My son Michael is in university, and I’m always amazed at the things he’s learning. Last weekend, for example, he explained wave-particle duality, which suggests that electrons are both particles and waves at the same time. Not to be outdone, I taught him that owls are the only birds that can see the colour blue, and that the 1985 Boise, Idaho, mayoral election saw Mr. Potato Head receive four write-in votes (thank goodness for my Uncle John’s Bathroom Reader, or I’d have nothing to teach my kids).
I went on to share with Michael the top 10 often-forgotten tax filing tips – some of which apply to him. Let me share these tips with you now.
1. Ensure your child files a tax return
If you have a child who earned any income at all, make sure they file a tax return. Your child won’t pay any tax if their income is below the basic personal amount of $14,398 for 2022, but filing a return will create RRSP contribution room that can be used to save tax later. And if your child is 19 or older, they’ll be entitled to a GST/HST credit of up to $467 and a climate action incentive payment of between $373 and $550 if they live in Alberta, Saskatchewan, Manitoba or Ontario.
2. Report business activities even if you earned no income
If you started a business in 2022 and incurred any expenses related to that business, make sure you report those expenses on Form T2125, even if you earned no income. You’ll have a loss to report in this case, which can offset other income you might have earned in the year such as employment or investment income.
3. Defer your RRSP deduction in some situations
If you contributed to your RRSP for 2022 and are entitled to an RRSP deduction, it could make sense to hold off claiming that deduction until next year, or even the year after, if you’ll be in a higher tax bracket then. The deduction will save you more tax this way.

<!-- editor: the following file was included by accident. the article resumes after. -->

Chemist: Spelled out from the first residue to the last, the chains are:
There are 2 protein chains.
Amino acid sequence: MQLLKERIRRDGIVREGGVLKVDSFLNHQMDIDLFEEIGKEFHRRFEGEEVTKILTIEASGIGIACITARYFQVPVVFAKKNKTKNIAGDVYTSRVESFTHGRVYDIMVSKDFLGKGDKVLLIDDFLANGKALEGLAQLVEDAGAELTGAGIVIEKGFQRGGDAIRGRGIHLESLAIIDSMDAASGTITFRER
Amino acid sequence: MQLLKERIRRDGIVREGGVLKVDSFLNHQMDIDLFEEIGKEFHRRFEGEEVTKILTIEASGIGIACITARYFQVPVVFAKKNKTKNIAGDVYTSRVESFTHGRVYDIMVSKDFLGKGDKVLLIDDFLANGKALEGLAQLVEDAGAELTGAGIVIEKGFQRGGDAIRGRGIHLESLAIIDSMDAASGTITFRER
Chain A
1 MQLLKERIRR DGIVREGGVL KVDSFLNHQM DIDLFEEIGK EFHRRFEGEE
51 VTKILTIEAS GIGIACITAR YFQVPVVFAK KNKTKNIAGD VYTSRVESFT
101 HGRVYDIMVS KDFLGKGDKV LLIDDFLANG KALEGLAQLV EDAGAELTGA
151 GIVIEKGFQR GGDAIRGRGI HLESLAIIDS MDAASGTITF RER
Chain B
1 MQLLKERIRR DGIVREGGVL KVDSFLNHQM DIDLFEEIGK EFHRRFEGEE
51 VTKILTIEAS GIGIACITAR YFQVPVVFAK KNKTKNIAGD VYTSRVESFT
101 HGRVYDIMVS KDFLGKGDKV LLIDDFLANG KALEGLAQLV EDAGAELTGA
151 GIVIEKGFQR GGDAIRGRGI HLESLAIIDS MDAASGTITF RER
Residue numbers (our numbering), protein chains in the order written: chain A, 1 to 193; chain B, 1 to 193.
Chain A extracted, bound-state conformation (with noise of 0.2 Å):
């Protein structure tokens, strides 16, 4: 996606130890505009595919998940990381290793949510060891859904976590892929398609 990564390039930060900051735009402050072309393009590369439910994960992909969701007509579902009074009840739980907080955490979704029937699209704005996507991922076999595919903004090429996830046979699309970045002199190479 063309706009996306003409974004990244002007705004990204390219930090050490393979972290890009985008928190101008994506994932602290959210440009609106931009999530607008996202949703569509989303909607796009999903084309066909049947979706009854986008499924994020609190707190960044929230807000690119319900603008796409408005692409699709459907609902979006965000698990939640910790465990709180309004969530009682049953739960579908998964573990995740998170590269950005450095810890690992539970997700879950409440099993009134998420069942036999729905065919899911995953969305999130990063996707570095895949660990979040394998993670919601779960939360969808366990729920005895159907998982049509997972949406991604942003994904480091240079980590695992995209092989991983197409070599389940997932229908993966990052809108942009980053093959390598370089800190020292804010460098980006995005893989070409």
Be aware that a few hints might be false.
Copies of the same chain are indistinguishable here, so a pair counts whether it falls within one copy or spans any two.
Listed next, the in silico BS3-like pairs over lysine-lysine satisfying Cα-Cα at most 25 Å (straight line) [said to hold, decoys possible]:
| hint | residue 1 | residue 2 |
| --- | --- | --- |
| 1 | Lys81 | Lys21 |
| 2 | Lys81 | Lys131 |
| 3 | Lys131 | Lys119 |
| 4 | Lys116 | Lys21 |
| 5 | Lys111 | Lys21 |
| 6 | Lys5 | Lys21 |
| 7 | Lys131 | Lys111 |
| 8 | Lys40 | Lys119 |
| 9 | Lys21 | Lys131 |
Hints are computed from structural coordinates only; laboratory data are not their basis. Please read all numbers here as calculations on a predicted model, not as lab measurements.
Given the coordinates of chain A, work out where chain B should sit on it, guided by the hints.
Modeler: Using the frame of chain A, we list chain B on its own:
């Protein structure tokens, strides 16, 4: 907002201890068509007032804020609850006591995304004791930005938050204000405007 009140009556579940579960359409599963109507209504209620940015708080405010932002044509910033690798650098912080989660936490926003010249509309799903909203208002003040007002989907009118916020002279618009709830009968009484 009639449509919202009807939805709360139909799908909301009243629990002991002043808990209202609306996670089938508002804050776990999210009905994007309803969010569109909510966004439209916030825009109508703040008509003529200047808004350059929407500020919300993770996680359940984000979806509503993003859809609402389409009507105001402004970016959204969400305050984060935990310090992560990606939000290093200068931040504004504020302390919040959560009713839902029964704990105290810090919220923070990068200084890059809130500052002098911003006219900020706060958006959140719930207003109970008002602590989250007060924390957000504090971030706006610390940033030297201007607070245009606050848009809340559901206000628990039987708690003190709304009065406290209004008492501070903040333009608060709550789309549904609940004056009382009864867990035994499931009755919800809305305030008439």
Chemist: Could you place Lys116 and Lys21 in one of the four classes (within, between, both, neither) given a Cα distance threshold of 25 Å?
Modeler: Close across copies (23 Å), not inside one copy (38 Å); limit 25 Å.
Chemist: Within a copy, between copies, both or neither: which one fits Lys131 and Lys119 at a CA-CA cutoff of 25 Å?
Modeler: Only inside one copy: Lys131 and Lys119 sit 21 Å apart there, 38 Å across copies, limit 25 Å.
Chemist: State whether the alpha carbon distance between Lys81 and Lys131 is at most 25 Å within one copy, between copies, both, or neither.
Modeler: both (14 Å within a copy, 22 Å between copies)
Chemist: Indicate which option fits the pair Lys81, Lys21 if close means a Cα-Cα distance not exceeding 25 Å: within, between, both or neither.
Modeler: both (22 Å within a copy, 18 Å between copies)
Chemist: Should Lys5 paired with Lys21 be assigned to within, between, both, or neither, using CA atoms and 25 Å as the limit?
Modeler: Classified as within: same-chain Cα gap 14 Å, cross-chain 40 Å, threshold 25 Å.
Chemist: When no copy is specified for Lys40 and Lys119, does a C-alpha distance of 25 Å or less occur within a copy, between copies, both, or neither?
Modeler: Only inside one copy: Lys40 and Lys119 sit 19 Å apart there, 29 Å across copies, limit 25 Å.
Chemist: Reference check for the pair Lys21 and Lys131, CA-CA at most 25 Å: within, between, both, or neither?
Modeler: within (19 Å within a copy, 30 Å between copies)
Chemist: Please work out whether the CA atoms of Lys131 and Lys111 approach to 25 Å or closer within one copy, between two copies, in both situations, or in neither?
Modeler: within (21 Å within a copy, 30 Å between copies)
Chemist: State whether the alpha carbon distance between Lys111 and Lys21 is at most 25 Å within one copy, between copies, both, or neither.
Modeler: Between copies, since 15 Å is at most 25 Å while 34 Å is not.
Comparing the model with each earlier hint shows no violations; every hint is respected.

4. Consider reporting your car allowance as income
If you received a non-taxable car allowance from work but have incurred significant car expenses in 2022, you have the option of including that allowance in your income (on Line 10400) and claiming a portion of your actual car expenses (using Form T777). This could save you tax where the expenses claimed are greater than the allowance you received.
5. Don’t forget your GST/HST rebate
If you report employment expenses on Form T777 for 2022, don’t forget to claim a rebate for the GST/HST related to those expenses. You can claim this rebate on Form GST370. Your employer must be a GST/HST registrant and not be exempt from these taxes for you to be eligible.
6. Don’t attach child care costs to specific children
If you’re eligible to claim child care costs that you incurred to earn income, there are dollar limits depending on the age of your kids at the end of 2022. For those age six or under the limit is $8,000; ages seven to 17, $5,000; and children of any age with a disability, $11,000. If you spent over the limit on one child and under the limit on another, no problem. You can add up your total expense entitlement for all children and, as long as the total claimed doesn’t exceed the total entitlement for all children combined, you’ll be able to deduct all the costs.
7. Claim medical expenses and donations on one return
You’ll save more tax if you claim all medical expenses on the lower-income spouse’s tax return, since only expenses that exceed 3 per cent of income can be claimed, or $2,479 (for 2022), whichever is less. As for donations, to maximize your tax credit, claim them all on one spouse’s return rather than splitting them.
If your spouse can’t use certain credits, they can be transferred to you, including the age, caregiver, pension, disability and tuition amounts. Also, up to $5,000 of tuition and the disability amount can be transferred from your child if they don’t need the credits.
9. Split pension income with your spouse
Don’t forget that you can transfer up to one half of eligible pension income to your spouse. This can allow your spouse to take advantage of the pension credit to shelter some of that income from tax.
10. Audit your own tax return
Check your return to see what might look new or different from prior years and make sure all information is complete. Make sure you understand why things might look different this year and be prepared to explain and substantiate your claims. This will avoid problems with the CRA later.
Tim Cestnick, FCPA, FCA, CPA(IL), CFP, TEP, is an author and co-founder and CEO of Our Family Office Inc. He can be reached at firstname.lastname@example.org.